There are only 34 paintings attributed to Vermeer. The Rijksmuseum in Amsterdam has 4 of them – more than 10% of the total. They’re displayed in the “Gallery of Honour”, just a few metres from Rembrandt’s works. My early start to my visit meant I was able to see the paintings without being obstructed by too many people, but there was already a cluster of people, such is Vermeer’s popularity. This wasn’t always the case – he was largely unknown until the 1860s when French art critic and left-wing politician Théophile Thoré-Bürger published a series of articles eulogizing the painter’s forgotten works.
Vermeer’s works are very different from Rembrandt’s. They are much smaller for a start – which makes it difficult to get a look in when the gallery is busy. His brushwork is fine and meticulous, unlike Rembrandt whose brushwork in his later paintings was much coarser. His paintings are full of light and bright colours (with extensive use of the expensive lapis lazuli ultramarine blue) unlike the works by many of his contemporaries which are often rather dark and gloomy. And Vermeer didn’t go in for grandiose historical and biblical subjects, he concentrated on middle class domestic scenes.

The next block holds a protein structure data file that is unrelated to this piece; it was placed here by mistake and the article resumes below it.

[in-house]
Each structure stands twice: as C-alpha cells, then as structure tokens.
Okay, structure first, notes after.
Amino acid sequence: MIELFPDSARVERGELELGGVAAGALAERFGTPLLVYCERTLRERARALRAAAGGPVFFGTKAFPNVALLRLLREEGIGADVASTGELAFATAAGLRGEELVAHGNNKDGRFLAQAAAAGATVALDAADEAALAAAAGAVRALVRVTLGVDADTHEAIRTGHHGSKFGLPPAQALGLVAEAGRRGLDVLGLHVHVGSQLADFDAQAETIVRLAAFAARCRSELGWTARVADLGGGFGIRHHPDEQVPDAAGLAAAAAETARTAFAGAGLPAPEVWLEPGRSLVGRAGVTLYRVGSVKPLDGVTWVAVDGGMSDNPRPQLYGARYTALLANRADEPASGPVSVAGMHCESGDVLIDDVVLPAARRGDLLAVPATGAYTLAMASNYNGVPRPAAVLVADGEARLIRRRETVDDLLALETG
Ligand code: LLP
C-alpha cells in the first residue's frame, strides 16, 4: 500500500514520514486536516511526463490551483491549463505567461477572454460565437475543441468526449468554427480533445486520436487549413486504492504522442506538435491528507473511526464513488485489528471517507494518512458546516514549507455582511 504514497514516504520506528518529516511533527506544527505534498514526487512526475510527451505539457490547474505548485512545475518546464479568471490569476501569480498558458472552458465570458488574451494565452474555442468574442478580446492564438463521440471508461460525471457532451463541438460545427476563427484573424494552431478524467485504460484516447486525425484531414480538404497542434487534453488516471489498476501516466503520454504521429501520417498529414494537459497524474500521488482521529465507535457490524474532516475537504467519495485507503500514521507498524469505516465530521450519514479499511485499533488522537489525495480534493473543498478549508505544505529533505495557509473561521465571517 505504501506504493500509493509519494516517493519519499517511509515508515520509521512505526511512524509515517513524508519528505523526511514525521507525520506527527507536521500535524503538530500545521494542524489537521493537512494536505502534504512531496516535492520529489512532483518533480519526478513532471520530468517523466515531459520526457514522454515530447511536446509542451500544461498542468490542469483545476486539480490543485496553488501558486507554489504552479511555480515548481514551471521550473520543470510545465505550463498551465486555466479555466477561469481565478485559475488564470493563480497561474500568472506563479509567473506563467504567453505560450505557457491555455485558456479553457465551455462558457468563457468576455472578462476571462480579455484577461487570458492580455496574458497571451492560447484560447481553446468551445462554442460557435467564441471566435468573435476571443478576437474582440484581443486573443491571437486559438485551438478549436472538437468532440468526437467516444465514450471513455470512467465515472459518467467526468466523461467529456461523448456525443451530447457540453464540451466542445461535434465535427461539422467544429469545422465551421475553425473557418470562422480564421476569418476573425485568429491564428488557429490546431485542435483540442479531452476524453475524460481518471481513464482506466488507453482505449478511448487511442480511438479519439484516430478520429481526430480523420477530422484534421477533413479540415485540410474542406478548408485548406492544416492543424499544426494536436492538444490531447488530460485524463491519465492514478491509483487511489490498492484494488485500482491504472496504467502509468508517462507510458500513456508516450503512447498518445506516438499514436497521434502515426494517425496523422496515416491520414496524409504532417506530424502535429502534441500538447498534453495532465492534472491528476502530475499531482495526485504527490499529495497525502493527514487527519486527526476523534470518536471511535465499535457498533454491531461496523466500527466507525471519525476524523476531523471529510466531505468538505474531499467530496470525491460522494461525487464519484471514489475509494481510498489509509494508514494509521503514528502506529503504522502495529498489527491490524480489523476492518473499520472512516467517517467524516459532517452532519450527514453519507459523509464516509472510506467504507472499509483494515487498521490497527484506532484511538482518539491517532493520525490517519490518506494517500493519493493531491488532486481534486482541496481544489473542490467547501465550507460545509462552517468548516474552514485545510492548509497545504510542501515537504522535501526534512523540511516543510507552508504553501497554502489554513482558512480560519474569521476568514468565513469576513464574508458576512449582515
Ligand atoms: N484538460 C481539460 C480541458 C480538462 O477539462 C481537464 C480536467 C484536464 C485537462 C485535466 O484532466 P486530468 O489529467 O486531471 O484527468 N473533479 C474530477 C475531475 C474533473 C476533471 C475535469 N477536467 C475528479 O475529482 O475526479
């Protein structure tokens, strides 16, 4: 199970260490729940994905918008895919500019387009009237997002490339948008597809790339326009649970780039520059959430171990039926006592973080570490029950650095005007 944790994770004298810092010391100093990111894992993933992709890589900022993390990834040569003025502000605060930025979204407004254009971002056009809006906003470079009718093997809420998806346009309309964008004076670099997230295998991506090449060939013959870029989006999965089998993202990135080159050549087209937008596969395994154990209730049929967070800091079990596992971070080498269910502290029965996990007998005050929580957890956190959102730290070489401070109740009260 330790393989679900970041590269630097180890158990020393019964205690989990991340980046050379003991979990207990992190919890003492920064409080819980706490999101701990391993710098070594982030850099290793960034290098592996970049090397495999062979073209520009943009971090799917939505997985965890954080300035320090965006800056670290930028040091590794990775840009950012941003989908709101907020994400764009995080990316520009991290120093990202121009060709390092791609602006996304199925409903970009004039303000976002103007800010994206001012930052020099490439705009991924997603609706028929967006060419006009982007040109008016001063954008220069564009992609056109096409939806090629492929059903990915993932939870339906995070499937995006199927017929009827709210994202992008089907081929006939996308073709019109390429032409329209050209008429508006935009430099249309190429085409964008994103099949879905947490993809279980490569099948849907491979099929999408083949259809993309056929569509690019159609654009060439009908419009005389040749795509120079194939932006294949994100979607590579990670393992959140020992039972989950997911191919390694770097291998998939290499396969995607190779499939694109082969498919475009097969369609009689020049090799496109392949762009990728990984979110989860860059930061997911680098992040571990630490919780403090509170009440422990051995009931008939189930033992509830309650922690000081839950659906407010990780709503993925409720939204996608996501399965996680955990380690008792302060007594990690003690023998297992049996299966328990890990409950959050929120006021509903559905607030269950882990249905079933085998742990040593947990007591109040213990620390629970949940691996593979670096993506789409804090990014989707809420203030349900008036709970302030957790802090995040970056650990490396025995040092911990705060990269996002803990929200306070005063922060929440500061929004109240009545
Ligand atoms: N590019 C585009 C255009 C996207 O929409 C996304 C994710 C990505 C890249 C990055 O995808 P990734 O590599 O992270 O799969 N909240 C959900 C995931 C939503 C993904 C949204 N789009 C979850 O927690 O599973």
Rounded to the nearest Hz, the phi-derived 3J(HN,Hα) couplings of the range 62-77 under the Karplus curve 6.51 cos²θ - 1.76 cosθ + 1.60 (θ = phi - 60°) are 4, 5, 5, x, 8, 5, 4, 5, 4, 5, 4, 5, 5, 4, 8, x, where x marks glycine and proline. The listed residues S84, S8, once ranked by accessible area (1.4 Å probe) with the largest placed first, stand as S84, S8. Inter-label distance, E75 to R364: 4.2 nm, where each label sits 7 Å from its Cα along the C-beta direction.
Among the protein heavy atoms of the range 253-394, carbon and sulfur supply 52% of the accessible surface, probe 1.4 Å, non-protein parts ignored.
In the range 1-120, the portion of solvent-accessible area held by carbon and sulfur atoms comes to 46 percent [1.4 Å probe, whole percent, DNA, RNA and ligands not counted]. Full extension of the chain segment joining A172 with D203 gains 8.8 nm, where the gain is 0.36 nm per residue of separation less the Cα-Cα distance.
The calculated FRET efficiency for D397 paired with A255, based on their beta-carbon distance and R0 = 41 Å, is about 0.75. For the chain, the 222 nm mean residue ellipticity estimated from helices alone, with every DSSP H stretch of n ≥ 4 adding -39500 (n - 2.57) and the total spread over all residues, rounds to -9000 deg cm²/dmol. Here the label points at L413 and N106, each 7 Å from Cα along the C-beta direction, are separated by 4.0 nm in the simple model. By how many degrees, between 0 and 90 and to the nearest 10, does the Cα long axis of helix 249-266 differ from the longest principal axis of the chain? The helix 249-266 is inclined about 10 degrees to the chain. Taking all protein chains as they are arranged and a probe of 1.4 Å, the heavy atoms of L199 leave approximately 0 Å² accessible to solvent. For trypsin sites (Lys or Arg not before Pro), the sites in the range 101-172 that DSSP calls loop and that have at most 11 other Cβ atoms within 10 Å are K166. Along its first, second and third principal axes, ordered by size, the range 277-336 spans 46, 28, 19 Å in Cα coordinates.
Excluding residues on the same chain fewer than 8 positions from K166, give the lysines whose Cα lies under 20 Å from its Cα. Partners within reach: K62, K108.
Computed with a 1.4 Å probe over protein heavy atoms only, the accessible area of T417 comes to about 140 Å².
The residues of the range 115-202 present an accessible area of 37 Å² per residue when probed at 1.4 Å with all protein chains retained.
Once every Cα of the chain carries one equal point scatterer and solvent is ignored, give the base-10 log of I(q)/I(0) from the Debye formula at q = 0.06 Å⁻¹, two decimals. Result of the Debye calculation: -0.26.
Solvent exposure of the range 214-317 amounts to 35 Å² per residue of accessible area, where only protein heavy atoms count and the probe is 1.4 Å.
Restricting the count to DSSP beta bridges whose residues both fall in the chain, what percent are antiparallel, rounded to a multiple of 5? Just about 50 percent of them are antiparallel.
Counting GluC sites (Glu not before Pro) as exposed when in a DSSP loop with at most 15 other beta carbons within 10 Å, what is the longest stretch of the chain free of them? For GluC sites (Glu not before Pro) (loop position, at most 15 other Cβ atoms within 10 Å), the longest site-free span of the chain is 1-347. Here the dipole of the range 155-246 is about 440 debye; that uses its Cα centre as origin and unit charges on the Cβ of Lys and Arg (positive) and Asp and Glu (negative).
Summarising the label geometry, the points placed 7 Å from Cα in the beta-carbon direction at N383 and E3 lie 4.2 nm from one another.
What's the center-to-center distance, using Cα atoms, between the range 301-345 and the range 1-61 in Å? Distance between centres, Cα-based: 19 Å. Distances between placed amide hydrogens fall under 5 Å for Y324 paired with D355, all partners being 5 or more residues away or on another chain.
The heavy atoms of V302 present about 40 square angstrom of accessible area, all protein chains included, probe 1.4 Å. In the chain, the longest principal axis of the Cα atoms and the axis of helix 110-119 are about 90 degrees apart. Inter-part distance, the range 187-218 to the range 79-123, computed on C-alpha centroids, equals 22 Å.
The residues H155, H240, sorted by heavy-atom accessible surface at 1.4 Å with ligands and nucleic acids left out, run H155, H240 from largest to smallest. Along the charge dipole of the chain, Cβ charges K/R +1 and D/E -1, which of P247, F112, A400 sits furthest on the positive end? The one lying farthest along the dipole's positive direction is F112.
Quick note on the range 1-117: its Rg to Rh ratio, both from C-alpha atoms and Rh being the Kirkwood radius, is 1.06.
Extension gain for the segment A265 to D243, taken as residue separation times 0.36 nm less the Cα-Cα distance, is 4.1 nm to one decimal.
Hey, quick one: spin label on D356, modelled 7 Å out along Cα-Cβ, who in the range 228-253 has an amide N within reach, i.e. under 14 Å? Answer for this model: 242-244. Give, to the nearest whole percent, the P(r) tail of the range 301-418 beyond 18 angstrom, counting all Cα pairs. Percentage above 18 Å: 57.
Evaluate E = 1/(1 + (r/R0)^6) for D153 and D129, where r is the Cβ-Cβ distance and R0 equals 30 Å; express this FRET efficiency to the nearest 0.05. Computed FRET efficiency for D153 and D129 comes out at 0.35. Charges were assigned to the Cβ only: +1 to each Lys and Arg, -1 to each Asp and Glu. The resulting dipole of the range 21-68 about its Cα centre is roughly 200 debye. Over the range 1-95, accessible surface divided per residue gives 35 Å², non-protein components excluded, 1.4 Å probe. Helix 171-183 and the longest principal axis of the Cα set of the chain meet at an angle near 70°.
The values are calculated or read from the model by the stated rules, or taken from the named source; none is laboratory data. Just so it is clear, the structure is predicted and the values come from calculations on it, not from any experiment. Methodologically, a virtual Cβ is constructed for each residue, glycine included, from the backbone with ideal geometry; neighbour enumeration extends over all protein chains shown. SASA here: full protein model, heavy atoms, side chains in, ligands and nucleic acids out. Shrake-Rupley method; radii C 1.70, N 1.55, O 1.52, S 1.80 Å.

Two of the Rijksmuseum’s Vermeers, like the one in the Irish National Gallery, depict women reading letters
Woman Reading a Letter (c 1663)
The Love Letter (c. 1669 – c. 1670)
He even painted domestic servants going about their work. This painting of a milk maid is probably one of his best known works.
The Milkmaid (c. 1660)
The Rijkmuseum’s fourth work by Vermeer is a street scene
This is an unusual painting in Vermeer’s oeuvre, and remarkable for its time as a portrait of ordinary houses. The composition is as exciting as it is balanced. The old walls with their bricks, whitewash, and cracks are almost tangible. The location is Vlamingstraat 40–42 in Delft. Vermeer’s aunt Ariaentgen Claes lived in the house at the right, with her children, from around 1645 until her death in 1670. (Rijksmuseum website)
Four marvellous paintings.